The decision of the Organization of Petroleum Exporting Countries (OPEC) to increase crude output by one million barrels per day is expected to have a salutary impact on international oil prices. The enhanced output beginning next month will help large oil consumption countries like the US, China and India to deal with shortages and help re-balance their budgets. Every one dollar reduction in crude prices globally would translate to $1 billion in savings vis-à-vis oil subsidies incurred by the Indian government on about 100 million tonnes of crude imported annually. This will not only help the government to reduce retail prices of petrol and diesel but also deal with localised shortages in some pockets. Already, retail prices of both petrol and diesel have been on a southward journey for the last couple of weeks.
On the macro-economic front, the Narendra Modi government will be able to present manageable numbers. Lower crude prices will give enough elbowroom to the BJP and the central government for negating an opposition-sponsored campaign against high fuel prices. Also, inflation – both consumer and wholesale – is bound to see a dip, pushing up consumption demand for goods and services. The big question is how much would be the net addition to output in crude given that the third largest exporter, Iran, and Venezuela face sanctions slapped by the US and supported by the European Union. A rough estimate suggests that net additional crude output may be in the range of 600,000 to 800,000 barrels.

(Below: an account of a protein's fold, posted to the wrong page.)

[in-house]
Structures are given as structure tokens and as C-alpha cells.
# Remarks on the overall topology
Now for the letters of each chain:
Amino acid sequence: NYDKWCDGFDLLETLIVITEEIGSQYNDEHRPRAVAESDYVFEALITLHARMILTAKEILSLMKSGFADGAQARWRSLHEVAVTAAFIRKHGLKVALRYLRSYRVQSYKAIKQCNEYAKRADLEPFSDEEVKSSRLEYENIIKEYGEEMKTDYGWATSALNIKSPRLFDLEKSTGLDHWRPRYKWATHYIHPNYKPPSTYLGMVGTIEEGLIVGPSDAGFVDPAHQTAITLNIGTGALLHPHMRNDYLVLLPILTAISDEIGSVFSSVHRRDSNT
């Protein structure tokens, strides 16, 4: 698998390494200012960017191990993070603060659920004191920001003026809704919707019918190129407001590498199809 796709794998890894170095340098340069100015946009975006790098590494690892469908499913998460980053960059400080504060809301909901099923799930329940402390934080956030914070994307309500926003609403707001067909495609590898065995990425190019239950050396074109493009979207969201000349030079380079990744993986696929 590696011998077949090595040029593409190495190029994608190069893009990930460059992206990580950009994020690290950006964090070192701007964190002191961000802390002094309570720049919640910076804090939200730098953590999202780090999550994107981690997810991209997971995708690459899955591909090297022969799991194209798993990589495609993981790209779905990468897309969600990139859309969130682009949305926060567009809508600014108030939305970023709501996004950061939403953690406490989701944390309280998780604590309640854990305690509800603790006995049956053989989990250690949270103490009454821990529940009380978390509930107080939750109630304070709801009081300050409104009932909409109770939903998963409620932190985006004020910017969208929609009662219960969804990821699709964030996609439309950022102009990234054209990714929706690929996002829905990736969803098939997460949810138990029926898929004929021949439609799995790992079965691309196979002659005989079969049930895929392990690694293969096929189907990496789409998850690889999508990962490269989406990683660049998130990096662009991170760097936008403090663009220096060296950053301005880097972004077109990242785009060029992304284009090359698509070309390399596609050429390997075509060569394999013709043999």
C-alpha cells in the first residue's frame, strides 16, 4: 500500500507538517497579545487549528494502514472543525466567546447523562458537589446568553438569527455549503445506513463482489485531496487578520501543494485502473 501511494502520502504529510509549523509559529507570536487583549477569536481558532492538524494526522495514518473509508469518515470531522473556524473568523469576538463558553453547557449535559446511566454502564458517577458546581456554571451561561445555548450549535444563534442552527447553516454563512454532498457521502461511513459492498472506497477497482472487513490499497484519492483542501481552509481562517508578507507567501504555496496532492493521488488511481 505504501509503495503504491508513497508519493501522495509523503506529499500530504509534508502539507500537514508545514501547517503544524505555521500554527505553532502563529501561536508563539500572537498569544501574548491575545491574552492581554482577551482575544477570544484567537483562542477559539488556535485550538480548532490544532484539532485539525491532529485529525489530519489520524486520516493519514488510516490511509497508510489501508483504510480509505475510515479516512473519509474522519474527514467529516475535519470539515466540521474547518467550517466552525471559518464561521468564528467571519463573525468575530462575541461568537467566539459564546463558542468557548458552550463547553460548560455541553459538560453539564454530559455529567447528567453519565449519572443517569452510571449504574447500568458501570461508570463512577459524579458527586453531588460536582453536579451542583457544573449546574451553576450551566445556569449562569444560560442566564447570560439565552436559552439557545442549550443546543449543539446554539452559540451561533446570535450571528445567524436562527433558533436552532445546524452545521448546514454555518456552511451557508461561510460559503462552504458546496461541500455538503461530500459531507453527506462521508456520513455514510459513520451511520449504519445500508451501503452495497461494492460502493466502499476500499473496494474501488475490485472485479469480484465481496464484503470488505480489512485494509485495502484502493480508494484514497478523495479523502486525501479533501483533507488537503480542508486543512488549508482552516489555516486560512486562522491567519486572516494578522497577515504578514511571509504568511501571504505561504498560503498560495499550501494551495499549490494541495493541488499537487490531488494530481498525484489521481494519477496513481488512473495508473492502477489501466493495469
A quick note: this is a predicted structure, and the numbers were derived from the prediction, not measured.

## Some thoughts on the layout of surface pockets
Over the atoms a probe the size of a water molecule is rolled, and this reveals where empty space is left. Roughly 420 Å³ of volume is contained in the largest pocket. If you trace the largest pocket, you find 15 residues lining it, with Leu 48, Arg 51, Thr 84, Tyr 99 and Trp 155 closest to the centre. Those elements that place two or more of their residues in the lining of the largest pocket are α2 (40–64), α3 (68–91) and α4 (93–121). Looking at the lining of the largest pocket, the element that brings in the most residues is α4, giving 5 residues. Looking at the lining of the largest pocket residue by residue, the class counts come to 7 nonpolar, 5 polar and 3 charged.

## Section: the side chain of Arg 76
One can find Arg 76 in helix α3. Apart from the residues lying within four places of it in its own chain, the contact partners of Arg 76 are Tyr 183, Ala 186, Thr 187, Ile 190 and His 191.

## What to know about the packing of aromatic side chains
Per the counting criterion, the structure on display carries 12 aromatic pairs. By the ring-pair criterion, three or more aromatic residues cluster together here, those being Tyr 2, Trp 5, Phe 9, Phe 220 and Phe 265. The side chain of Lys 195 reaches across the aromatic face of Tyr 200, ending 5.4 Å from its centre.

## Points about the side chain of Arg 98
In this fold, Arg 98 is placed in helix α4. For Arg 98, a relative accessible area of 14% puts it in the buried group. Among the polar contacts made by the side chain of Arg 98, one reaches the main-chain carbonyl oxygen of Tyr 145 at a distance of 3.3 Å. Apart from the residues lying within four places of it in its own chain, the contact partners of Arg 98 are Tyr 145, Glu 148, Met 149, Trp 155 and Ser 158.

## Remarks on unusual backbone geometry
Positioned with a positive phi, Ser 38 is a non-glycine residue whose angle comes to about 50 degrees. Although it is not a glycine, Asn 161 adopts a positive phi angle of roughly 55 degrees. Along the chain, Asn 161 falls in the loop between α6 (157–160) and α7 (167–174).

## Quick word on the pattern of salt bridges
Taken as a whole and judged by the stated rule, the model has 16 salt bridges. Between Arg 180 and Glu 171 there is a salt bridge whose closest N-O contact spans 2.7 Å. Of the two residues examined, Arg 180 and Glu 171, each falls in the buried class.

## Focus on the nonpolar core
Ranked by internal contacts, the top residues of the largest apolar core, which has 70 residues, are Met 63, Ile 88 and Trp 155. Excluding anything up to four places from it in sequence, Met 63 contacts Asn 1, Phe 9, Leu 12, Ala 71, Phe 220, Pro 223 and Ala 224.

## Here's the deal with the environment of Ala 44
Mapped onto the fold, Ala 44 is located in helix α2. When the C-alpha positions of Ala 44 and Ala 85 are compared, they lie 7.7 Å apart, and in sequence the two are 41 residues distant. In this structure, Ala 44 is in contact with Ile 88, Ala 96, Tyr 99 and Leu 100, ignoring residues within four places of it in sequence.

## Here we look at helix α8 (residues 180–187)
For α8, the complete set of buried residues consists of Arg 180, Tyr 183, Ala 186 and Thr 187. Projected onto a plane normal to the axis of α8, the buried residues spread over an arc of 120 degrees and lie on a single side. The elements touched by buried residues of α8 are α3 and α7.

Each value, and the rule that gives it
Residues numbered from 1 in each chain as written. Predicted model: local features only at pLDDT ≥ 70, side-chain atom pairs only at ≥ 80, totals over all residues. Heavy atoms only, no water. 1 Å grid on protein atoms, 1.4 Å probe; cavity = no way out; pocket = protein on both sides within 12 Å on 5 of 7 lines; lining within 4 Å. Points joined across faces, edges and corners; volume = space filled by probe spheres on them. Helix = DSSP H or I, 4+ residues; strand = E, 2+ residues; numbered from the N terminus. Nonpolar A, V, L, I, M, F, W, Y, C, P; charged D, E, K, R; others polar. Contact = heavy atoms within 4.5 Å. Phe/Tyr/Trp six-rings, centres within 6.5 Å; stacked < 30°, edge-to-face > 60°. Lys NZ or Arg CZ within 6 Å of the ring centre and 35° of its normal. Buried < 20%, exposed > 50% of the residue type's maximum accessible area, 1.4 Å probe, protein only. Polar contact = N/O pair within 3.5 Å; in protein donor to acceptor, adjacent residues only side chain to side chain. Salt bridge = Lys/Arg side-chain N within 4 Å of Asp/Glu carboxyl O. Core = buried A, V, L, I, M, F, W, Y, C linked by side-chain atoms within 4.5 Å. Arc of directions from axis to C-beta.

Initial reports indicate that Iran may not be in a position to scale up its output immediately. OPEC members or non-OPEC crude exporters like Russia may not be allowed to come up with equivalent additional output. If this happens, then crude prices may not slide from $80 per barrel right away. Being labelled the fastest growing global economy with 7.7 per cent GDP uptick may not help India if the crude prices do not moderate in the next couple of months. From a low of $26 previously, the $80 per barrel crude price today has made the outlook grim for the Indian finance minister. He may not be able to make adequate allocation for pet development and social welfare projects if the crude import bill continues to bulge. This may not work well politically either as Prime Minister Modi prepares to seek another term in office next April when the Lok Sabha elections were due.
China may not be perturbed beyond a point given its huge currency reserves and 20-year crude and gas supply arrangement with Russia outside the dollar trade. The US may fall back on shale gas and its strategic crude reserves to tide over the high prices scenario internationally. On the other hand, India will face the biggest problem with nothing to fall back upon. The only glimmer of hope is sourcing enhanced quantities of crude from Iran that’s virtually been shunned by major powers. India and Iran’s cosy arrangement for payments in rupees and barter deals could be to New Delhi’s advantage. The raging trade war between the US, China and the European Union is expected to lend volatility to oil prices given the increasingly protectionist tendencies being exhibited by President Donald Trump. Also, the supply side disruptions could play its part especially when crude begins movement from Venezuela. Interim finance minister Piyush Goyal will have to deftly manage central finances in the absence of his senior colleague Arun Jaitley. Also, budget making for next fiscal may be impacted by crude prices, if they do not hover in the $ 50-$60 per barrel range. Thirdly, reining-in fiscal deficit at 3.3 per cent may still become very tricky without slashing welfare spending especially on flagship schemes like Ayushman Bharat. Mobilising extra budgetary resources will be the key to presenting a pre-election budget of sorts the finance minister.